AIDS-related lymphomas are comprised almost exclusively of high-grade tumors of B-cells. Among these, BL is the second most common histological subtype. The advent of HAART has not reduced the risk of BL in these patients, despite a decreased risk for other NHLs [1, 6]. BL is composed of monomorphic B-cells with basophilic cytoplasm and numerous mitotic figures that express B-cell antigens such as IgM, CD19, CD20, CD22, and CD79b, germinal center markers such as CD10 and BCL-6, and the proliferation marker Ki-67 in nearly all tumor cells. Moreover, the pathogenesis of BL is due to c-myc immunoglobulin (Ig) translocation. The most common translocation is involving c-myc and IgH loci [7]. BL pathophysiology in the context of AIDS is complex and remains unclear. The chronic antigenic stimulation of B-cells induced by HIV leads to deregulation and overexpression of the c-myc protein gene, resulting in rapid cell proliferation.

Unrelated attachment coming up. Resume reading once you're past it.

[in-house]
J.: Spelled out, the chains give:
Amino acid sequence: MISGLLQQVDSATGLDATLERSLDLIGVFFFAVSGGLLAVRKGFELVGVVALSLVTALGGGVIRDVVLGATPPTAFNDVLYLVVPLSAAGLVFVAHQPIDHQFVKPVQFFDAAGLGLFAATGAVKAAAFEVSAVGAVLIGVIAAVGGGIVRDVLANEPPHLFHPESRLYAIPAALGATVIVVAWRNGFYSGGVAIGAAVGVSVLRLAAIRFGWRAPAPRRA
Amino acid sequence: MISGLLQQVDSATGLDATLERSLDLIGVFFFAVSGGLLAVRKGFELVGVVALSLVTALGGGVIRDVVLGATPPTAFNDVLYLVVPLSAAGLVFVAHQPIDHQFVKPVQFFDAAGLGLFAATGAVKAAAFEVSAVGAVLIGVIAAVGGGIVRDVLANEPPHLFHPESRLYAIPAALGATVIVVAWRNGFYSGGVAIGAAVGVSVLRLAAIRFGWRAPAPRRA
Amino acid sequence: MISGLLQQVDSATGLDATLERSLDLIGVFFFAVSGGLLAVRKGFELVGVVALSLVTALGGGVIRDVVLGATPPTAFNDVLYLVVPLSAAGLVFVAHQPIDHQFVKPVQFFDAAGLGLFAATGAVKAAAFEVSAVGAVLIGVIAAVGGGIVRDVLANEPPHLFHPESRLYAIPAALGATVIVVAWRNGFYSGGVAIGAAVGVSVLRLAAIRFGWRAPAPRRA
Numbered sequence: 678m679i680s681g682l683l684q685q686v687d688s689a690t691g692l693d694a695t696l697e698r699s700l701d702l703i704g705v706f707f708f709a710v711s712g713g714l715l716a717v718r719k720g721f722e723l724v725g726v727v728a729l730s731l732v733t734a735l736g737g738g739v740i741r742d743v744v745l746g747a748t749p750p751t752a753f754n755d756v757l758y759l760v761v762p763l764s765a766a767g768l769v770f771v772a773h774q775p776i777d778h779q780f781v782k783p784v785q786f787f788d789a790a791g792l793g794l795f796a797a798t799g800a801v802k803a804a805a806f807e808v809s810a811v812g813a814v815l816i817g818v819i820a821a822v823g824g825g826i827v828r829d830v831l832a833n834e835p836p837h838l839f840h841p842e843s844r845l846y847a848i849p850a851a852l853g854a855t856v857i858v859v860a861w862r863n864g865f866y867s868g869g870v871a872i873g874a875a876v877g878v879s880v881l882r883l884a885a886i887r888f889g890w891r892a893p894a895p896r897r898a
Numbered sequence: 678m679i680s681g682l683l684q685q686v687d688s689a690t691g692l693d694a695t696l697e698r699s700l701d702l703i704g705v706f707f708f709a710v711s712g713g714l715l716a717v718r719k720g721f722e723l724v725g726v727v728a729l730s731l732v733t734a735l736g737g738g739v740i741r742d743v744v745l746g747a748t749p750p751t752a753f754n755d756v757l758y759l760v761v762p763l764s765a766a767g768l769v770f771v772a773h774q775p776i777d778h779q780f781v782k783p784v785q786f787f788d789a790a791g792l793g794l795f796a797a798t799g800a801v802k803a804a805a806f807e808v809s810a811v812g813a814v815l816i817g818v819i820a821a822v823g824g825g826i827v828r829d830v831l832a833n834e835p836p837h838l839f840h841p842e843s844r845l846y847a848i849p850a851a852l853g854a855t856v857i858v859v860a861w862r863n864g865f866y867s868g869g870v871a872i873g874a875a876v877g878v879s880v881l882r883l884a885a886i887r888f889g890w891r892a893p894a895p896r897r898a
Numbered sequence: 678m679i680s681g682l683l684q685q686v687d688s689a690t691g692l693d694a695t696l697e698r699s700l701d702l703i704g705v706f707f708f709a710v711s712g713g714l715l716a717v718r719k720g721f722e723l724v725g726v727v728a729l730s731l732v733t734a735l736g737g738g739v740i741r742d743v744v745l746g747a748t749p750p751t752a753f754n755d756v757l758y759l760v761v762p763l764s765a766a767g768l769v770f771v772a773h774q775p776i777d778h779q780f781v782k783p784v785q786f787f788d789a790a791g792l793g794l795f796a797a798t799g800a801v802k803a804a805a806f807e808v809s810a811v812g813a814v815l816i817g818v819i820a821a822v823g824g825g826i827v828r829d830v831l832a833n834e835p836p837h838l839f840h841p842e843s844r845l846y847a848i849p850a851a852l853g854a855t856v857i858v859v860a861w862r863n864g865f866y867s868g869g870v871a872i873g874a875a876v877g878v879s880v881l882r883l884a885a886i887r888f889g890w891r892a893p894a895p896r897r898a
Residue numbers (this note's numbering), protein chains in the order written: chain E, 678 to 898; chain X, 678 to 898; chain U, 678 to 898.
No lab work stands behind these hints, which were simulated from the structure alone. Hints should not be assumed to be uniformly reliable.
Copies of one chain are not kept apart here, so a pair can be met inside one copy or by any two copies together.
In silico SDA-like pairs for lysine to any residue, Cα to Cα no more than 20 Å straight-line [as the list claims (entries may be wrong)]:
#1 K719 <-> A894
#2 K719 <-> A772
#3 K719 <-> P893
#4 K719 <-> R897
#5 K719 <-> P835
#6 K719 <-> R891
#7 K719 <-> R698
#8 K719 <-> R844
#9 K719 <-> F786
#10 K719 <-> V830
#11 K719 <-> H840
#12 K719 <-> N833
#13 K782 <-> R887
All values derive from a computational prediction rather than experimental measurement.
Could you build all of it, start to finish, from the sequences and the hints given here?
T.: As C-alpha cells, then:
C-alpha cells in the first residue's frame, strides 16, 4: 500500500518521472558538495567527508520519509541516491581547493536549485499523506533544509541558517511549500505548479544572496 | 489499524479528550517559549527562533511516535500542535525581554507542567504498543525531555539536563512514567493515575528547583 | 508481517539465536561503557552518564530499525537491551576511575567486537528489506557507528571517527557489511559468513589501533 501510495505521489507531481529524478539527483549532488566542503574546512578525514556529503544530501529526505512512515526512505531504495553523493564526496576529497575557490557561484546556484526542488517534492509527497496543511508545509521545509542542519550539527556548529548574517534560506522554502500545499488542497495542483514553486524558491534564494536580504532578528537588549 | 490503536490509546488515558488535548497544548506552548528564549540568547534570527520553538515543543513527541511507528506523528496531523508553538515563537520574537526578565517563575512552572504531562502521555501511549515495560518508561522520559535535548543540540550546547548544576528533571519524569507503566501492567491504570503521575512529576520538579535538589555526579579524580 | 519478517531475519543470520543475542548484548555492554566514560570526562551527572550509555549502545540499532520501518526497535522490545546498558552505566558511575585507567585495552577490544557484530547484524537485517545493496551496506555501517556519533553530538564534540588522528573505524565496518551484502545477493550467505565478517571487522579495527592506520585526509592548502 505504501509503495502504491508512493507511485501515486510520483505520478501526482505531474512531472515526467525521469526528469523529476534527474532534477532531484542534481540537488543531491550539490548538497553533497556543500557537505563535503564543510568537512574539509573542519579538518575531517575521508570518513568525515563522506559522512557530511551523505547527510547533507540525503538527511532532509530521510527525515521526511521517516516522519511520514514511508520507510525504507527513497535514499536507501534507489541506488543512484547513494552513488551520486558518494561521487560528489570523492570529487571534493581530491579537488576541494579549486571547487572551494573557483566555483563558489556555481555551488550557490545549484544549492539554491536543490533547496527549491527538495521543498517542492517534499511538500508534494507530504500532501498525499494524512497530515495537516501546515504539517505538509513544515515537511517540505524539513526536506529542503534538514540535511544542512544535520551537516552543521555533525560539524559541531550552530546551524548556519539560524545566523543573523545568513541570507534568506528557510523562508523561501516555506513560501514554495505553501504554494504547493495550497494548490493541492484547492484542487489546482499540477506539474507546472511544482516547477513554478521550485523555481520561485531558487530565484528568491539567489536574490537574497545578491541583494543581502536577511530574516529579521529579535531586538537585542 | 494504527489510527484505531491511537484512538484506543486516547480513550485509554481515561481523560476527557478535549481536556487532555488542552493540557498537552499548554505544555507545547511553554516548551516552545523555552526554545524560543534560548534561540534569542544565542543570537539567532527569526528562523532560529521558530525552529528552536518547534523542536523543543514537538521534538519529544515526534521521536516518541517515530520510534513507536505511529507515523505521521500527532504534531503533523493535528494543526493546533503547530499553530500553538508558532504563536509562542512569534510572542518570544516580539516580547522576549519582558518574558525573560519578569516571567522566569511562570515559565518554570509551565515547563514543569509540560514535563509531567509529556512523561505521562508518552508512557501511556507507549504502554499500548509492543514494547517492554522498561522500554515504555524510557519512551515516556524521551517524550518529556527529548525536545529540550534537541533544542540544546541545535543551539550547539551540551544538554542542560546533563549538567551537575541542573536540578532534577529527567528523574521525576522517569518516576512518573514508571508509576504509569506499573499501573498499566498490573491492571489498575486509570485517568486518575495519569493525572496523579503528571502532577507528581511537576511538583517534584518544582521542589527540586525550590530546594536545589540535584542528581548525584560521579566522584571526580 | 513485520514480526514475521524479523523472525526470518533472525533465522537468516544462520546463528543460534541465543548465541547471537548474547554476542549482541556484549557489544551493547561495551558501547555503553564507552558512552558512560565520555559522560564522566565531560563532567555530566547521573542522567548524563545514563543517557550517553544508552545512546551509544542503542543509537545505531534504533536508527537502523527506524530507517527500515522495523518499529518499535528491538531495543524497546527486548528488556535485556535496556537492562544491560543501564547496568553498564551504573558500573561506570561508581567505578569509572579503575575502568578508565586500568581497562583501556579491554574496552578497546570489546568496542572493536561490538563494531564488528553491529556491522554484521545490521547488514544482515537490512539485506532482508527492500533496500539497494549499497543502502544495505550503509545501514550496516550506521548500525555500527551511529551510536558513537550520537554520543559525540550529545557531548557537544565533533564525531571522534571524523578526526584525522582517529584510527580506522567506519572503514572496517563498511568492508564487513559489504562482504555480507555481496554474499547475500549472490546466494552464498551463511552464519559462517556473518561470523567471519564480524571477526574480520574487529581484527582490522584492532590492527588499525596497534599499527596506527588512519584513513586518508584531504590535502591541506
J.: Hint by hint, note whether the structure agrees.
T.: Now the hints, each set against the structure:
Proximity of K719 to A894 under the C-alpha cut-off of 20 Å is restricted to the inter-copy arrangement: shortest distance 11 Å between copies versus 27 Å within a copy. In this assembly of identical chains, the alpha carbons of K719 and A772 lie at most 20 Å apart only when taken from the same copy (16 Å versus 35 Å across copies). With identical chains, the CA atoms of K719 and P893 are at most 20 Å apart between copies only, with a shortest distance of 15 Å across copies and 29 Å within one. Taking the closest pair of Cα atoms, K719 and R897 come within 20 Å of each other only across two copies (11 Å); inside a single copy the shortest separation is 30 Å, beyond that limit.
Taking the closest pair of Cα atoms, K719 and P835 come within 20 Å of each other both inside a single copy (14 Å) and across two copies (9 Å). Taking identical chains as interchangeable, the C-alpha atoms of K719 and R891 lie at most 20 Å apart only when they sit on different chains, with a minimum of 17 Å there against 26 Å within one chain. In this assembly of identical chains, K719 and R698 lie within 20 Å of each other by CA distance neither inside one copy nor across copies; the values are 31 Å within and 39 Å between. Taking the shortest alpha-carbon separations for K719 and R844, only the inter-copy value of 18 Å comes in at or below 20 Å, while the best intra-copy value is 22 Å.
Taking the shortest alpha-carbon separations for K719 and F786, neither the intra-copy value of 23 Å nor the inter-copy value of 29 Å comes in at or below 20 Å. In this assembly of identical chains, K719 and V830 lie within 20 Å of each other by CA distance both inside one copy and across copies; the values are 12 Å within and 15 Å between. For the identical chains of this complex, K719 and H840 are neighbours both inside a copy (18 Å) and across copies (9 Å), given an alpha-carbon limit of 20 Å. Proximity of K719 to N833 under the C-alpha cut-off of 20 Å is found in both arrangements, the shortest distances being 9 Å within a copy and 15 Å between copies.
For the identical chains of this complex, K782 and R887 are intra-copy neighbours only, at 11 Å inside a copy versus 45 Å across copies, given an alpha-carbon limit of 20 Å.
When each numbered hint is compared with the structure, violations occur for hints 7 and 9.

HIV-associated BL most often presents with gastrointestinal and lymph node involvement, in a manner similar to sporadic BL. Orbital, ocular, and eyelid compromises are exceedingly rare. To the best of our knowledge, only four cases of orbital involvement in adult, AIDS-associated BL have been previously described [811]. An additional case of BL primarily extending from the right maxillary sinus through the floor of the orbit was reported in a 13-year-old HIV-infected child [12]. All these five cases had unilateral orbital involvement. In contrast, our patient presented with bilateral orbital masses leading to striking facial deformities. We also found evidence of involvement of lymph nodes in the thoracic, abdominal, and pelvic regions, as well as additional frontal and shoulder masses.